• Tim from California, CaMessage for Sagar from India. I am an Asian-American and find it quite insulting, uneducated, and frankly appalling of you would call people WASP. I am a liberal minded American who has lots of critique for how the Conservatives in our country have run our country to the ground but I will not tolerate some self-righteous - feel sorry for himself SOB from another part of the world blaming his own country's problems on so called WASP. You look at it like those of us from the West exploit those of you from India for cheap labor but tell me Mr. Sahar were those of us in the West responsible for your overpopulation, your cholera infested water, or your Caste system? I hope idiots like you never come to our country.
  • Chris from Charleston, WvThe song tells the story the best it could have been told! It all boils down to greed, how the white man raped the land and assumed ownership of it, CHOOSING to forget about the fact that someone ELSE already owned. My blood boils when I think of the details of how our country was founded. In the name of GOD is the most absurd statement. If it was done for God, and God liked what was done, I want nothing to do with THAT God. I, however, feel that God turned his face in shame over what was done. I am thankful for the freedoms I have in this country, but I am sick of how we are taught in school how great we are as a country but the truth of our founding is ALWAYS left out. Don Henly and Glen Frey took a stand! Good for them!
  • Hailey from Madison Heights, Vayeah i love this song. my take is that you can call a place paridise and some where along the line there is someone who will try and take it away.
  • Wal from Yonkers, Ny Great band, lots of great songs. This is by FAR their best. Glen calls it Henley's Opus.
    MY take on this song is; Call somplace paradise and there will always be people who will try to profit from it, by twisting it to their own version of paradise. Be it land developers, or preachers, or whatever. It uses Manifest Destiny as an example but at its core it's about heaven and religion and how nobody should be able to force their version of paradise, on anybody else.

  • Sagar from Mumbai, IndiaThis is one of the best written song I have ever heard. The song shows the history of the United States and how the WASP's conquered the West. Their hatred and intolerance of other people's culture and lives is worth noting. It first started with the Native Americans habitants, the African slaves, the Italian/Eastern European Immigrants and now the Arabs, the Mexicans and even the French!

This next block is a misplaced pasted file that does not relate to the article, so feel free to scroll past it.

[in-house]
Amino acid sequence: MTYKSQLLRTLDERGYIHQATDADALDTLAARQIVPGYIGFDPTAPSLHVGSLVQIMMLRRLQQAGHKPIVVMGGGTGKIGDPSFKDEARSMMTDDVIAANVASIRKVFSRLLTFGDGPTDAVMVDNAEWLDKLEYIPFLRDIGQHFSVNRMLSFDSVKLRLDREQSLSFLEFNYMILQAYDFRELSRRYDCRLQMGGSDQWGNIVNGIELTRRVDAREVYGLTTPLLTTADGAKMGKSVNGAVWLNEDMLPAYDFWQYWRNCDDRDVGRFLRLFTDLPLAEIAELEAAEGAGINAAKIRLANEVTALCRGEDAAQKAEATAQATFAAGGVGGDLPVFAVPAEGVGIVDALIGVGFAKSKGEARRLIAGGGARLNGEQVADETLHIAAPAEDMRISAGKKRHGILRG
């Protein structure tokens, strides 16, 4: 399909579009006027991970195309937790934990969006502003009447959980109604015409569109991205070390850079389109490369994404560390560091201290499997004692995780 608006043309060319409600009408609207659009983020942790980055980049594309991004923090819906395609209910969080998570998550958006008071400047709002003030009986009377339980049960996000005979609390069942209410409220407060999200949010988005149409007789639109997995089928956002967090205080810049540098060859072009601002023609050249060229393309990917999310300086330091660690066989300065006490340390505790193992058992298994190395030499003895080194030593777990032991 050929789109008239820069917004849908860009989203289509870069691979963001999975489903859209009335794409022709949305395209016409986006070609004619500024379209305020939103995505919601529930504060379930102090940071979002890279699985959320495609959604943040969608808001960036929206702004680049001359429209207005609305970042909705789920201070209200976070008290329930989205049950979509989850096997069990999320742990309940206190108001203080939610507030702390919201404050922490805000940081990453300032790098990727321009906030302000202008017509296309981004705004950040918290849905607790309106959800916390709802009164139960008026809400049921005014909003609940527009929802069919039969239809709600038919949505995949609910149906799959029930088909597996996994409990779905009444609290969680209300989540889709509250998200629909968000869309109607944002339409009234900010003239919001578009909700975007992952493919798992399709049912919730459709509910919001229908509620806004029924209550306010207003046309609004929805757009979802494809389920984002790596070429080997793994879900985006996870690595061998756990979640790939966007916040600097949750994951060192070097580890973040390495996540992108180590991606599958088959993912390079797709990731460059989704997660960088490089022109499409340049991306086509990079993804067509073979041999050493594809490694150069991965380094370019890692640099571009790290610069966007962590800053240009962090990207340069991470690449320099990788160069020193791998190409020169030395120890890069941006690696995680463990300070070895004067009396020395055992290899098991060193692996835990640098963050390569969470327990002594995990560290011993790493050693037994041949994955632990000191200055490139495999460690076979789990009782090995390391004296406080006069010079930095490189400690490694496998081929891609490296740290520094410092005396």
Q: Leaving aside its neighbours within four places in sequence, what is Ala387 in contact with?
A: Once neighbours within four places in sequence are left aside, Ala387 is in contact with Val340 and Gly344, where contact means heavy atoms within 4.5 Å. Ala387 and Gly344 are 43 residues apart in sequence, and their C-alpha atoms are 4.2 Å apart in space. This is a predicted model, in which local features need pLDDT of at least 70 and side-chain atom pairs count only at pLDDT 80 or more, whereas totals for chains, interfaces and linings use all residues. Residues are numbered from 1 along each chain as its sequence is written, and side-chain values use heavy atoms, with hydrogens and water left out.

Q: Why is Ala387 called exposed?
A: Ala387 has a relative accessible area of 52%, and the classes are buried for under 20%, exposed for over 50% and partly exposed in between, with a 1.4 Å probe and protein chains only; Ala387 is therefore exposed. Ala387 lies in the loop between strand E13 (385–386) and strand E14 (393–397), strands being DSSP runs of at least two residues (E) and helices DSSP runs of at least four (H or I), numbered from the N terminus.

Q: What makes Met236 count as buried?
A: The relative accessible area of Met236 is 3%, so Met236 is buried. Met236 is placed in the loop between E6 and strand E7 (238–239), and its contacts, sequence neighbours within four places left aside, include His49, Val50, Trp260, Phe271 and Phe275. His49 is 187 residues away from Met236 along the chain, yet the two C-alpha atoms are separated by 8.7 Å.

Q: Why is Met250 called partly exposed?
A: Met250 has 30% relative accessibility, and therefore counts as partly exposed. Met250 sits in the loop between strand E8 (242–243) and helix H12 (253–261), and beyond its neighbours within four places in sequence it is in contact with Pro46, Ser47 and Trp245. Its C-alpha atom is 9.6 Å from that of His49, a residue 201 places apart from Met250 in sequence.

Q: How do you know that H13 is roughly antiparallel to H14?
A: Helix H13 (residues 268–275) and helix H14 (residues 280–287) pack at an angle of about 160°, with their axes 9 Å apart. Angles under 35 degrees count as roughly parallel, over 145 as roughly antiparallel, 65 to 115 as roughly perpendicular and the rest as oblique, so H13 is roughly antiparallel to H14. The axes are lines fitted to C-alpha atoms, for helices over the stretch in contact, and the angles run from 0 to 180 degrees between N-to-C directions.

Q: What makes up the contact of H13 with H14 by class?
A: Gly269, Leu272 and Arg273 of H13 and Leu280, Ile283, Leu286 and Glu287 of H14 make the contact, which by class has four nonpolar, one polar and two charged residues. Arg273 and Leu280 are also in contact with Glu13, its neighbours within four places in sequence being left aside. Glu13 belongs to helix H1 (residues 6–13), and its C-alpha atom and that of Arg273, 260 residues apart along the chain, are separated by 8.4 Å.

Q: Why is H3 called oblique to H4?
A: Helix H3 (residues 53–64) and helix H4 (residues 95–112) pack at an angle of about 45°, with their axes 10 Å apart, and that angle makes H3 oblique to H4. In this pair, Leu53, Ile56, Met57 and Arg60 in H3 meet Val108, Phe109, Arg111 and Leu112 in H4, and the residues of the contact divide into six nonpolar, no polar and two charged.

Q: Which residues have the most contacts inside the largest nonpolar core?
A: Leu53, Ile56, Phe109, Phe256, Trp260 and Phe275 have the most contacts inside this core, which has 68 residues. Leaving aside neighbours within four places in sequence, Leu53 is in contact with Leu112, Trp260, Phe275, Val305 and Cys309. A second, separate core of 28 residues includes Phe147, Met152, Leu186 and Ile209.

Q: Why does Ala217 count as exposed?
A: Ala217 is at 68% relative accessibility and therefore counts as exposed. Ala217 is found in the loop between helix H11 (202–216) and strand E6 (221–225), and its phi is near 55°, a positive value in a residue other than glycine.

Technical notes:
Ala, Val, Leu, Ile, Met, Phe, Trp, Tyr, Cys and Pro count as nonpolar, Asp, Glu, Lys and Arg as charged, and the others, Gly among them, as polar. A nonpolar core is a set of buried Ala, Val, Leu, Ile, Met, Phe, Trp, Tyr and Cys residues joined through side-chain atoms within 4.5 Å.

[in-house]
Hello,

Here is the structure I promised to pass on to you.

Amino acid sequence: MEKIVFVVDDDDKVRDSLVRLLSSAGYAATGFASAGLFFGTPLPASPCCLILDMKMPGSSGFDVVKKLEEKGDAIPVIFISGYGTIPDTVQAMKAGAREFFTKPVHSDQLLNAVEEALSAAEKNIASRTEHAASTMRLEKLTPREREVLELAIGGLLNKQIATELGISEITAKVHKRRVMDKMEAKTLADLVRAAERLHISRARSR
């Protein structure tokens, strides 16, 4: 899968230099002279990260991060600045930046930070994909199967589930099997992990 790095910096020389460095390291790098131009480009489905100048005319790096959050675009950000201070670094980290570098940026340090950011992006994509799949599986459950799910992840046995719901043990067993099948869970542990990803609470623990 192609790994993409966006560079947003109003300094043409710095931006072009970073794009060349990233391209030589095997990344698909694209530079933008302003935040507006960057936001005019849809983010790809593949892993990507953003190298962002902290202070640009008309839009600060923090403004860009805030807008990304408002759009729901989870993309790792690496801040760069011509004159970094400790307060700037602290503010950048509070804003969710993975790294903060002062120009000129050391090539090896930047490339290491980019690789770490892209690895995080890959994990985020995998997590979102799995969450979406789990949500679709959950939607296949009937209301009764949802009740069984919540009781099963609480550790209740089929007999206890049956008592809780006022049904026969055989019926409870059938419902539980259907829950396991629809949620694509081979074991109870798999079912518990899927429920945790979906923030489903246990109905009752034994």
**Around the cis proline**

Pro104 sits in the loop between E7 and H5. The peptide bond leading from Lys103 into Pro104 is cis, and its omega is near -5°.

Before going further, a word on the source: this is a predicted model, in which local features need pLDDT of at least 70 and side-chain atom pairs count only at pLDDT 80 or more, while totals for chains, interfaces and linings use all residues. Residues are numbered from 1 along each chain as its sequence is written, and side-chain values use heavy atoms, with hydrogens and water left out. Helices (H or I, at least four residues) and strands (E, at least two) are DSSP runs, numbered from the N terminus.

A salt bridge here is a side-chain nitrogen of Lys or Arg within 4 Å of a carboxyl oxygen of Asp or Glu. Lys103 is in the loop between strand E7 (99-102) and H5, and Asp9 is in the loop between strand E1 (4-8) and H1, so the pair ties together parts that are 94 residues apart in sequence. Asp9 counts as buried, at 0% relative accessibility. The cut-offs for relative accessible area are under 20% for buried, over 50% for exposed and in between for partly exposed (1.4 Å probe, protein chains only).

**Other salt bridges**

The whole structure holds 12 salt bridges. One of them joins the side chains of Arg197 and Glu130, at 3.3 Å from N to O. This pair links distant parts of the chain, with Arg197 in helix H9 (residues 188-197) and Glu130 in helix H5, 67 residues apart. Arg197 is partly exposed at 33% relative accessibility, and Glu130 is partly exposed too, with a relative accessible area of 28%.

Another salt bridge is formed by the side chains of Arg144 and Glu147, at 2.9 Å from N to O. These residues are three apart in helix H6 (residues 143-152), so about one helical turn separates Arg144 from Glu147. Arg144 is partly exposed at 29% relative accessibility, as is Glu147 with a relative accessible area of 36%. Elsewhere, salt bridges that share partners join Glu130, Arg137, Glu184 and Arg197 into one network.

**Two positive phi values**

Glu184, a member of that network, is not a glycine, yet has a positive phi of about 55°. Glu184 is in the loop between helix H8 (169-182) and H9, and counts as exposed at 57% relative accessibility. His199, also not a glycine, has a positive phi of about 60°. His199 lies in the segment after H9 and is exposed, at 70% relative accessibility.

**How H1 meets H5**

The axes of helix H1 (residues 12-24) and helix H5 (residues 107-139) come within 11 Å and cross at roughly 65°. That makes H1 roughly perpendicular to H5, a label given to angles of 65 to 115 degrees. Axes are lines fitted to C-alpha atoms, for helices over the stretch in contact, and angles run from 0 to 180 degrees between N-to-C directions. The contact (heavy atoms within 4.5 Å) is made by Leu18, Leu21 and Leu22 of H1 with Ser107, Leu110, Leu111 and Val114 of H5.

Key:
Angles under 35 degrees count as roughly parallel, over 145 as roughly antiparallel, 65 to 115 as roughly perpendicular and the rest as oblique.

After all America was a free land till it was exploited by the Spanish and then the WASP's. It belonged to the Native Americans and the Mexicans.
  • Patrice from San Francisco, CaLike so much of Don Henley's work, this poignant commentary about self absorbtion, self delusion, and justification of human atrocity through religion, stops short of condemnation and judgment. It is presented as simply part of the regretable, but perhaps unchangeable path of humanity relevant not only to Los Angeles, but to all ultimate frontiers, with only a gentle implication that self reflection and personal integrity might make for a more humanly meaningful final pursuit.
  • Steve from Providence, RiThis is truly a great song. Perfect lyrics from start to finish. A Don Henley Glen Frey masterpiece! This song is point blank, I don't know how anyone would not get what it is about.
    I am from Providence, yes the one in Rhode Island, and we have seen here how the rich man rapes the land. Condos as far as the eye can see. We used to have a wonderful coast line, but that is a memory now. My daughters will never know what is was like. To call someplace paradise, & kiss it good bye.
    Thank you to Glen & Don for hitting this one right on the mark!
  • Mark from South Portland, MeIf ou ever get to see Hell Freezes Over video when Henley gives this song his all, please do. This song gets the biggest ovation of the night even moreso than their chart hits. Playing the violin and cello bows in the wrong direction to make the sounds of the seagulls was pure genius on Henley's part.
  • Joe Public from Anytown, AlMy favorite Eagles song, obviously about how commercialization and religion on the part of the "white men" have ruined the American paradise...I love it though, even if it has a bitter message. Henley and Frey are right, after all.
  • Ray from Stockton, NjI never listened to this song before because I always thought of it as too slow and boring. I just listened to it for the first time and it's really good. It kind of reminds me of Stairway to Heaven only because it never charted when it should have.
  • John from Lancaster, Cathis is a song to show americans how unkind and wrong we were to native americans
    we know the story of how the west was won.....
    this song is the story of how the west was lost !
    think about it!